South Africa's nuclear expansion programme depends on a number of strategies that still need to be put in place before financing can determined.
An investment decision on South Africa’s nuclear expansion programme will be made by March next year, the department of energy said in a press briefing on Thursday.
Before it was made, however, a number of strategies had to be in place, including a plan to finance the construction of new atomic power plants; to address the looming skills gap in the nuclear sector; and to establish critical institutions such as a national radioactive waste disposal body.
This was according to Zizamele Mbambo, deputy director general for nuclear at the department. Government faced "a number of aspects that we are addressing as part of the phased decision-making approach", he said.
Mbambo said the localisation of the programme, an important imperative for government, also had to be realised.
Questions of skills, financing and necessary institutional frameworks are all areas against which South Africa's nuclear readiness was assessed in an Integrated Nuclear Energy Review (INIR) undertaken earlier this year by the International Atomic Energy Agency.
The final report on South Africa's nuclear readiness was handed to the government in May but has yet to be made public.
Cabinet, through the national nuclear energy executive co-ordinating council, headed by the president, is tasked with overseeing the procurement of a proposed 9 600MW of additional nuclear energy. It is outlined in the departments integrated resource plan (IRP) a 20-year electricity road map.
The cost is estimated at between R400-billion and R1-trillion. National power utility Eskom, the designated owner and operator of any new nuclear power plants, has indicated that it cannot pay for their construction of its existing balance sheet and at current electricity tariff levels.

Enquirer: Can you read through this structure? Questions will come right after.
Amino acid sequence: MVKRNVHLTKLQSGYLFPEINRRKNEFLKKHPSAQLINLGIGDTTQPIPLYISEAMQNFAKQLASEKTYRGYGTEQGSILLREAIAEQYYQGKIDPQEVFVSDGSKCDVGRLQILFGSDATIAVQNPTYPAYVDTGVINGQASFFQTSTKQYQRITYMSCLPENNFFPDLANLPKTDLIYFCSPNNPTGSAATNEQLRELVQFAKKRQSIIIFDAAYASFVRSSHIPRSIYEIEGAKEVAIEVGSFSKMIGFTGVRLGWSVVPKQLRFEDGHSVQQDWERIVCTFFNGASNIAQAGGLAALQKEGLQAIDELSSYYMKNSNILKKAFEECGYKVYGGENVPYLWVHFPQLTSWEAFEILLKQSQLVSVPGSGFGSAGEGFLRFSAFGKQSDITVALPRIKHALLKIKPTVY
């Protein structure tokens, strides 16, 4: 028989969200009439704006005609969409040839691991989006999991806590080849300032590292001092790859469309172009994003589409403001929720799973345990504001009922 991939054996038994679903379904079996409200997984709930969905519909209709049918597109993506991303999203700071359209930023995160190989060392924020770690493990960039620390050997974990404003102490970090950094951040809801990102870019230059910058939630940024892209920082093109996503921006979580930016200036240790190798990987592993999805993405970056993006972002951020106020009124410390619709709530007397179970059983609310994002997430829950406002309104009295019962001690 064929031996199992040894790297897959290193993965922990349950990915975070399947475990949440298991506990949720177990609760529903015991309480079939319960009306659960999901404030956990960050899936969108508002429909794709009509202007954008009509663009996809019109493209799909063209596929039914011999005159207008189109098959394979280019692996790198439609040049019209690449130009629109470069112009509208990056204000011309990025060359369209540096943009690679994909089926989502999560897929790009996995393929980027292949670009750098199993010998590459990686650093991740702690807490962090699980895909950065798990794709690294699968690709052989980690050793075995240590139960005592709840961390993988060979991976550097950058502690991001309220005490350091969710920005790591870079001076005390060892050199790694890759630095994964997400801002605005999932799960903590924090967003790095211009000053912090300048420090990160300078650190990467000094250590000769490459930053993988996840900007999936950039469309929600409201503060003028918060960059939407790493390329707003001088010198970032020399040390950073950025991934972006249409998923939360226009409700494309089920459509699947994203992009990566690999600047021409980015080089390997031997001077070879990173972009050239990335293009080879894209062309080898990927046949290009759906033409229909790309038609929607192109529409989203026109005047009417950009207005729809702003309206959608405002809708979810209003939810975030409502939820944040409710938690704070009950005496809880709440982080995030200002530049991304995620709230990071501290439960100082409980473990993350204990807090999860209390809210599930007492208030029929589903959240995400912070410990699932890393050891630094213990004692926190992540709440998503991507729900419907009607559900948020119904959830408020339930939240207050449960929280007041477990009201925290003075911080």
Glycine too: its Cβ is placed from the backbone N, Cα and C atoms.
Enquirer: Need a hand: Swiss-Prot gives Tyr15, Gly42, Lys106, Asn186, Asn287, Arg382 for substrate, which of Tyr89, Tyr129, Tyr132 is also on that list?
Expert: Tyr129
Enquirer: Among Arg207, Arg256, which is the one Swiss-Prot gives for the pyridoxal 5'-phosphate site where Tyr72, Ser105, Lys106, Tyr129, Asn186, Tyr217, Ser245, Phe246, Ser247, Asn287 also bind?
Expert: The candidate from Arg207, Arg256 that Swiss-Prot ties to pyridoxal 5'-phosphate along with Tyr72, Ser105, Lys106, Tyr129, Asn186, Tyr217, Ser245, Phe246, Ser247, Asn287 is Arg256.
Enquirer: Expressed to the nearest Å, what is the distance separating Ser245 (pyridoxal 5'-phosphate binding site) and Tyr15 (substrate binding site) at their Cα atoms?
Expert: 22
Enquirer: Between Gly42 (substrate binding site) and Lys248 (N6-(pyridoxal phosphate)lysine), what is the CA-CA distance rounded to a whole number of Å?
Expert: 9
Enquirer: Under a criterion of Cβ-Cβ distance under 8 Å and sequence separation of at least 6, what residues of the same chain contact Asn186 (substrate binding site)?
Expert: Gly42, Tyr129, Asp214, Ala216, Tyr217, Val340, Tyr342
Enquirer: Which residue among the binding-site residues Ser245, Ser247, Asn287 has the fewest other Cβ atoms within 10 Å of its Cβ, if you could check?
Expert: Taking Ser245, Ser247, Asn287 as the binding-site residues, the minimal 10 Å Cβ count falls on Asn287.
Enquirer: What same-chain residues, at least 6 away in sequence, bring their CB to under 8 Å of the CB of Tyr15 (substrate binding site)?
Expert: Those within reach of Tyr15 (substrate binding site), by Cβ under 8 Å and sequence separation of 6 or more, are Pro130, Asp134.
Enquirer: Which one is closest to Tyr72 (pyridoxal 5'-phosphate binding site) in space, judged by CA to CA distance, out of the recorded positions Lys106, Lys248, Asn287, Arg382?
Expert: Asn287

The continued deliberations on nuclear, and the challenges of financing it, come as government also embarks on steps to build a third coal-fired power station. In August, Cabinet gave the go-ahead to build what is known as Coal 3. It will follow on the heels of Eskom's new Medupi and Kusile power stations, both currently under construction in Limpopo and Mpumalanga.
Eskom has previously welcomed the decision on Coal 3, although it has said it has not begun work on ways of financing it.
But director general at the department Nelisiwe Magubane told journalists it was not a given that Eskom would build Coal 3.
"Eskom had done a lot of ground work for the Coal 3, therefore it has been seen as their project," she said.
If it was going to be built by Eskom, then as with nuclear, "we have to have frank discussions about how it is going to be financed", she said.
Ultimately, however, the decision rests solely with the minister of energy.